Just when we might have thought the Middle East had seen it all in terms of possible crises, a move by several members of the Gulf Cooperation Countries (GCC) to bring the small but ambitious country of Qatar into line has triggered another.
After last month’s visit to Saudi Arabia by President Trump of the USA, and his apparent support for the kingdom’s stand on regional issues, Saudi Arabia, the United Arab Emirates, Bahrain and Egypt broke off diplomatic relations and imposed sanctions on Qatar. The Gulf state is accused of funding terrorist groups, of destabilising the region by hosting key figures and exiles from the Muslim Brotherhood (a banned organisation in much of the region), for spreading dissent through its Al Jazeera channel, and for supporting Iran. The geo-political rivalry between Saudi Arabia and Iran is another important reason for the crisis. So too, is concern over the influence of growing Qatari and Turkish relations, another example of Qatar’s desire to compete for regional clout.
The sanctions include cutting food exports to Qatar, on which the country largely depends, denying air space to Qatar’s national airlines and halting visa-free entrance for Qatari citizens. In contrast, Turkey and Iran expressed public support for Qatar and urged a solution to the crisis. Turkey sent food supplies and accelerated development of the first Turkish military base in the Gulf. While President Trump condemned Qatar as “a funder of terrorism … at a very high level” and backed the sanctions, US Secretary of State Rex Tillerson called for de-escalation and noted that the crisis was hurting the fight against ISIS. Qatar hosts one of the largest US military bases in the region with more than 10,000 troops stationed there.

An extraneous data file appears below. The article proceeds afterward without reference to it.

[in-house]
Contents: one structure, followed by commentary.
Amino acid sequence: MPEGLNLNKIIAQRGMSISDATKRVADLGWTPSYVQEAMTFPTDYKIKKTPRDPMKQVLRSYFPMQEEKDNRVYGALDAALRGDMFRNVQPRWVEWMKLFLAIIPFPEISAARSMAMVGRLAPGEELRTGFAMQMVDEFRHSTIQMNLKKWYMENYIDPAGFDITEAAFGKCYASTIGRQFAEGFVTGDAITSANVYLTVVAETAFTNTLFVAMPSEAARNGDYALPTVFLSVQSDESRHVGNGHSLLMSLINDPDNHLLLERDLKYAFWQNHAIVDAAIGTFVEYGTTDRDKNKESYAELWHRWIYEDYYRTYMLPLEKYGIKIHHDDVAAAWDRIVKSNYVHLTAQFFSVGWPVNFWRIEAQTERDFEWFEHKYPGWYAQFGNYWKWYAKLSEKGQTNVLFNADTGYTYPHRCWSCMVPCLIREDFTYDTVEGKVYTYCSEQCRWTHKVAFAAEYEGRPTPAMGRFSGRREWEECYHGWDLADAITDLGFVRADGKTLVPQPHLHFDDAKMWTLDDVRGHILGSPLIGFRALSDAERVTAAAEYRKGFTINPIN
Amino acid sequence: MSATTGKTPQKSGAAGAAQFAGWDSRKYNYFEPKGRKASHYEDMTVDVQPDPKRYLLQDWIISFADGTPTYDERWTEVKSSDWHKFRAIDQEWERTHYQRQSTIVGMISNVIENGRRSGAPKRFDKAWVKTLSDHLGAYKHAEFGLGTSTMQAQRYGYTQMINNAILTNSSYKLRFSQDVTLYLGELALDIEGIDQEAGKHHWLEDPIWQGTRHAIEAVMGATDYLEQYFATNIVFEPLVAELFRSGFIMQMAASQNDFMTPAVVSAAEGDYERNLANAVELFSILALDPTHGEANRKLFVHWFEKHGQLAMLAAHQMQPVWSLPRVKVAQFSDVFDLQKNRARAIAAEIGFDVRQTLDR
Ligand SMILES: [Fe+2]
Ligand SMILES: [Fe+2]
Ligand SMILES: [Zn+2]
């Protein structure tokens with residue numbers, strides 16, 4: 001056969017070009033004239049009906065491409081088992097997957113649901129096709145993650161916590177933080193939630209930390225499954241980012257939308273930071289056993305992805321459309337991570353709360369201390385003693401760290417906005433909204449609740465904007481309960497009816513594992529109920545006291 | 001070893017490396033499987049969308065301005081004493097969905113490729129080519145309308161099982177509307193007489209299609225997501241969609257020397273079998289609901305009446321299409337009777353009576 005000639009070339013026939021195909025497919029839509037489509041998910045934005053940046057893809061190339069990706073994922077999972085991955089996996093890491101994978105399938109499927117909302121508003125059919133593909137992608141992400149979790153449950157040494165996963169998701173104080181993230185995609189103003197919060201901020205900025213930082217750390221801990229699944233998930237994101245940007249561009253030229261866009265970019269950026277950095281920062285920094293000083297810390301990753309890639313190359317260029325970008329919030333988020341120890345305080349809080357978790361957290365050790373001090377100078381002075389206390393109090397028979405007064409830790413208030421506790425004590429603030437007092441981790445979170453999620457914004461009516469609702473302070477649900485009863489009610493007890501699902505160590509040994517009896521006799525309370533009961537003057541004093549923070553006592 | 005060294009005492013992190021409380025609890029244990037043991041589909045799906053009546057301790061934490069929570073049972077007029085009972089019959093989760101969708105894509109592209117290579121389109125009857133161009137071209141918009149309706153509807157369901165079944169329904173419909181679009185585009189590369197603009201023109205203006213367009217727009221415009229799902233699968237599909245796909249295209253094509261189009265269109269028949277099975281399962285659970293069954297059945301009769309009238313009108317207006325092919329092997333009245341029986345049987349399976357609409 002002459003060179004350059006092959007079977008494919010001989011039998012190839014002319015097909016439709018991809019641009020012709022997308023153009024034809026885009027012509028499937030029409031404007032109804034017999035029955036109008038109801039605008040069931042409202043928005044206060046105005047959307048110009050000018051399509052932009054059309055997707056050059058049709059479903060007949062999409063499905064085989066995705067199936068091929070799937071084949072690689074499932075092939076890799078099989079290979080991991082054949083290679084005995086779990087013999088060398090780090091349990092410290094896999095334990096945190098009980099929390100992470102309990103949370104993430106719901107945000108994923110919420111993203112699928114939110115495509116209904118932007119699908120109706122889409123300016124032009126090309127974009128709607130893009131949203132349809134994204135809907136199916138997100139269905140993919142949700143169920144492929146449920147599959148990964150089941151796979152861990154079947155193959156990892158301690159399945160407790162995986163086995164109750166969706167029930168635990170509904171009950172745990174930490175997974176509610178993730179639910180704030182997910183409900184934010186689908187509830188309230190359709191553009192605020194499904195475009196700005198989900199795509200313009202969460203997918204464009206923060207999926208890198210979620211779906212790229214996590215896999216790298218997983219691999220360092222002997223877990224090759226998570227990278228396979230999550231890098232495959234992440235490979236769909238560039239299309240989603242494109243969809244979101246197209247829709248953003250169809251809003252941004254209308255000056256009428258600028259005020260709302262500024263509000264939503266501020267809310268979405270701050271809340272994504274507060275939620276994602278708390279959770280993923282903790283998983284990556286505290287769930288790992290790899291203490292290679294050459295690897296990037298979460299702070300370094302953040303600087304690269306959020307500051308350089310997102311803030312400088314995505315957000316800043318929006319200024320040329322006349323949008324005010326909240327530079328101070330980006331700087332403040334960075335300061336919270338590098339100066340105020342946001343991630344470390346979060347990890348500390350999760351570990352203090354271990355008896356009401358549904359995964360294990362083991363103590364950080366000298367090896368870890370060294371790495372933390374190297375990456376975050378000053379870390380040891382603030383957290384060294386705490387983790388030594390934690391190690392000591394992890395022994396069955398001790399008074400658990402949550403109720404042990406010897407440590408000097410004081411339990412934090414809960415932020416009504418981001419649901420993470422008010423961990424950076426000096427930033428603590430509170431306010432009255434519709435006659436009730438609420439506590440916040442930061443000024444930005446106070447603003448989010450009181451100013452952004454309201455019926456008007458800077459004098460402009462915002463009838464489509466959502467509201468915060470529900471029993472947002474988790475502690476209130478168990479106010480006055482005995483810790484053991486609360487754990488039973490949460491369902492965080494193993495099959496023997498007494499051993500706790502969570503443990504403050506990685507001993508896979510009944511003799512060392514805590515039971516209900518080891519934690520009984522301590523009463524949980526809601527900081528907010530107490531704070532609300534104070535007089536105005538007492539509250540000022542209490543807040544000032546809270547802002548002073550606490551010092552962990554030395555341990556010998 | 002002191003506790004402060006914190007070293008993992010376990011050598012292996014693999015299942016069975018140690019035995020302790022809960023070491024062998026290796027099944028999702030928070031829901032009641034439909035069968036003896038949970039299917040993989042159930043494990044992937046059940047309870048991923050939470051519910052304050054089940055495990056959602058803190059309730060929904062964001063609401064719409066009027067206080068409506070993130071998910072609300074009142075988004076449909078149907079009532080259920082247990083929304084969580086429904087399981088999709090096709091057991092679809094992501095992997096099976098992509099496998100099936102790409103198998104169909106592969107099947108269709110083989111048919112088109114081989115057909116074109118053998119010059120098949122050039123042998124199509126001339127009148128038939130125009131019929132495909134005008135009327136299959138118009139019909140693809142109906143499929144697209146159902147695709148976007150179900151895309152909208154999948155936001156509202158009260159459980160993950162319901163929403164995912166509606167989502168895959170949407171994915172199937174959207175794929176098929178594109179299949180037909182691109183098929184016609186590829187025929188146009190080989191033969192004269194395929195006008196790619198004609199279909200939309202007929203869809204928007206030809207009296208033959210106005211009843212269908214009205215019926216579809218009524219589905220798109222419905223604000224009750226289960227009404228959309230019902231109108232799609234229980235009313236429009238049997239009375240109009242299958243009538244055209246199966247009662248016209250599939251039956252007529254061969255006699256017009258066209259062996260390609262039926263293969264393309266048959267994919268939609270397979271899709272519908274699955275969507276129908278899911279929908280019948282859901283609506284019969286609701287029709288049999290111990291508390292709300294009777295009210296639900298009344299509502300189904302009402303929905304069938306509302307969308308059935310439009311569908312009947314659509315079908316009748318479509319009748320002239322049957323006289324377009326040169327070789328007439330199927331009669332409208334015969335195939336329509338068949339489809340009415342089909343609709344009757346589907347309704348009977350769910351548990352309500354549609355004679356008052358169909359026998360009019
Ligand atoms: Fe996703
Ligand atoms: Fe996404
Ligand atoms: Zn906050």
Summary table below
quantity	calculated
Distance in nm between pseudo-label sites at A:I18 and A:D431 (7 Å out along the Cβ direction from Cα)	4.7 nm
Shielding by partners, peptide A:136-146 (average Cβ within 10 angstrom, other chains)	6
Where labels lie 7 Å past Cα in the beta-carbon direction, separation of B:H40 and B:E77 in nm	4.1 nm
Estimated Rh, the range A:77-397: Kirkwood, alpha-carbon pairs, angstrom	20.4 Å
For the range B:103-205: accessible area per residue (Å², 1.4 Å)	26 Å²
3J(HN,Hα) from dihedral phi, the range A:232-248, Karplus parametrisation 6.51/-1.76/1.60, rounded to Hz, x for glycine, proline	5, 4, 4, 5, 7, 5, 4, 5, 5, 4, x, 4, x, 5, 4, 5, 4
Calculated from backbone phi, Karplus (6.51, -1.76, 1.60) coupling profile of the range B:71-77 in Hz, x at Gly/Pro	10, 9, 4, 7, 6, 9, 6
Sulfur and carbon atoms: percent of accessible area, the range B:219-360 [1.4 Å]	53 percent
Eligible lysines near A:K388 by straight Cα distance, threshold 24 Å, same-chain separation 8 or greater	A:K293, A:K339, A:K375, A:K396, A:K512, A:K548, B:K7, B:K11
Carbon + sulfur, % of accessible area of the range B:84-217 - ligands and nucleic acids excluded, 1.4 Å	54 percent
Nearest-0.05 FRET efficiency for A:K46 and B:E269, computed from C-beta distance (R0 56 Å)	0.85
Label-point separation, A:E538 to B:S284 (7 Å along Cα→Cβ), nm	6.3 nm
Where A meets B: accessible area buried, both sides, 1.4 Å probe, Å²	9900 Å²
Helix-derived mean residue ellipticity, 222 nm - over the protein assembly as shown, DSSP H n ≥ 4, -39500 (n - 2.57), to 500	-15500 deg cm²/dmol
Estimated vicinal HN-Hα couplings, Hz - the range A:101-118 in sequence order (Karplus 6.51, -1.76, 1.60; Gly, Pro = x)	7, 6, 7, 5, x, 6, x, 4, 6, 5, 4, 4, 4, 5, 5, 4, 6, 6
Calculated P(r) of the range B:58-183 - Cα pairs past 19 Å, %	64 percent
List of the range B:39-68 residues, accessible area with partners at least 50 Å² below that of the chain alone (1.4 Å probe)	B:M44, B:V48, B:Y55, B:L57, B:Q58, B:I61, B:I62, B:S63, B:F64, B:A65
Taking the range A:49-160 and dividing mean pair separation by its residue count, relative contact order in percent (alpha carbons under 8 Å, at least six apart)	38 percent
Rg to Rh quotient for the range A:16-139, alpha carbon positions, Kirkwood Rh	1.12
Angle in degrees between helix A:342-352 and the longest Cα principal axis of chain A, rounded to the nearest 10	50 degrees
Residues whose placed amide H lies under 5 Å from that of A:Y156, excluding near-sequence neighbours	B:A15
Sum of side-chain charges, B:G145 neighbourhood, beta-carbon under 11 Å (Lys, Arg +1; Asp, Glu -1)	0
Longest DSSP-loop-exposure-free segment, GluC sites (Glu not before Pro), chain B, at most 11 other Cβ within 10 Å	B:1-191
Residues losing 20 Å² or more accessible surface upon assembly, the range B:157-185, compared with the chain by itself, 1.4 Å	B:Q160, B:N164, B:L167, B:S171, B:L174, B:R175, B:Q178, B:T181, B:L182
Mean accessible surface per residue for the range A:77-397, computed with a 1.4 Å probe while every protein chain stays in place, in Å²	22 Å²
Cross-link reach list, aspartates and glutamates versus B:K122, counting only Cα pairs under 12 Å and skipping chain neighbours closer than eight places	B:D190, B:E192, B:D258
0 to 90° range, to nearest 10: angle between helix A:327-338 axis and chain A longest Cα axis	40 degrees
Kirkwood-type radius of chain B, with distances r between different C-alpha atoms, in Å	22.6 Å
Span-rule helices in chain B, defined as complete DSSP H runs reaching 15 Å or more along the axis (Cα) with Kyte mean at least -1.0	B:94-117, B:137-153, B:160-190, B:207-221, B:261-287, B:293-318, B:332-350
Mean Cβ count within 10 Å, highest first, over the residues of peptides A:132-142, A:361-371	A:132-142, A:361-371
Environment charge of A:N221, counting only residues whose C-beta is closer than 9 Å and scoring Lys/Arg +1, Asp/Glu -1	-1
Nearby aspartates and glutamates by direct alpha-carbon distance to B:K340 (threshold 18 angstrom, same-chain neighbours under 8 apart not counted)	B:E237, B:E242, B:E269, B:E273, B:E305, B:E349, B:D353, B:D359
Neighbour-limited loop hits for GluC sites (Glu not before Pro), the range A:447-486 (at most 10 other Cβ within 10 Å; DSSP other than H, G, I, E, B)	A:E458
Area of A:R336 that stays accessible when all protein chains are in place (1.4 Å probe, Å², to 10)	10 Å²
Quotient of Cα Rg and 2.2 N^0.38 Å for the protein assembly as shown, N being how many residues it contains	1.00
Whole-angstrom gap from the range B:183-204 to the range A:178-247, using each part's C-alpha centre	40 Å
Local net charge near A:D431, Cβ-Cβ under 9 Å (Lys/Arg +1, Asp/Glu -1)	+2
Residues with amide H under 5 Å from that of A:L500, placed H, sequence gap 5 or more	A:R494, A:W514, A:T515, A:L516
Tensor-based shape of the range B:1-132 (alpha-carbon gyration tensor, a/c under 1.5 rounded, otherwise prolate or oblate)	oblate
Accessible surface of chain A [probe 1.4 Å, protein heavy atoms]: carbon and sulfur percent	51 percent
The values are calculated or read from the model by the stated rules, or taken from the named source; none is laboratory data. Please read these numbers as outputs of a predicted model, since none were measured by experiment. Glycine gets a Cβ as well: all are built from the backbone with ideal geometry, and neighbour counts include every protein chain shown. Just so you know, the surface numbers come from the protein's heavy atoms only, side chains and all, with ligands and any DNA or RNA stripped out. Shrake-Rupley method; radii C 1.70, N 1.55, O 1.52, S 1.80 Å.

Meanwhile, Iranians went to the polls in a heavy turnout and re-elected Hassan Rouhani as their president by a wide margin. He will face a strong challenge to improve the country’s struggling economy, especially with a US Congress that is unlikely to loosen sanctions that deter international investment. In addition, President Trump has threatened to withdraw from the nuclear agreement negotiated by his predecessor.
Terror in Tehran
Only a fortnight after the election, Iran’s normally effective security operation was penetrated by a group of terrorists who mounted a gun attack in the Iranian Parliament and a suicide bombing at the memorial shrine of the founder of the Islamic Republic of Iran, Ayatollah Khomeini. Seventeen lives were lost in the attacks, claimed by so-called Islamic State. While IS has been issuing anti-Iranian messages for some time and Iran has been directly involved in the war in Syria, the Tehran violence came as a shock to Iranian citizens. Many commented on social media that the world seemed to care when terror claimed innocent lives elsewhere but not in Iran. Christians, too, expressed disappointment that their country was viewed only through the prism of the positions taken by their country’s clerical and political leaders.
Christians grieve another attack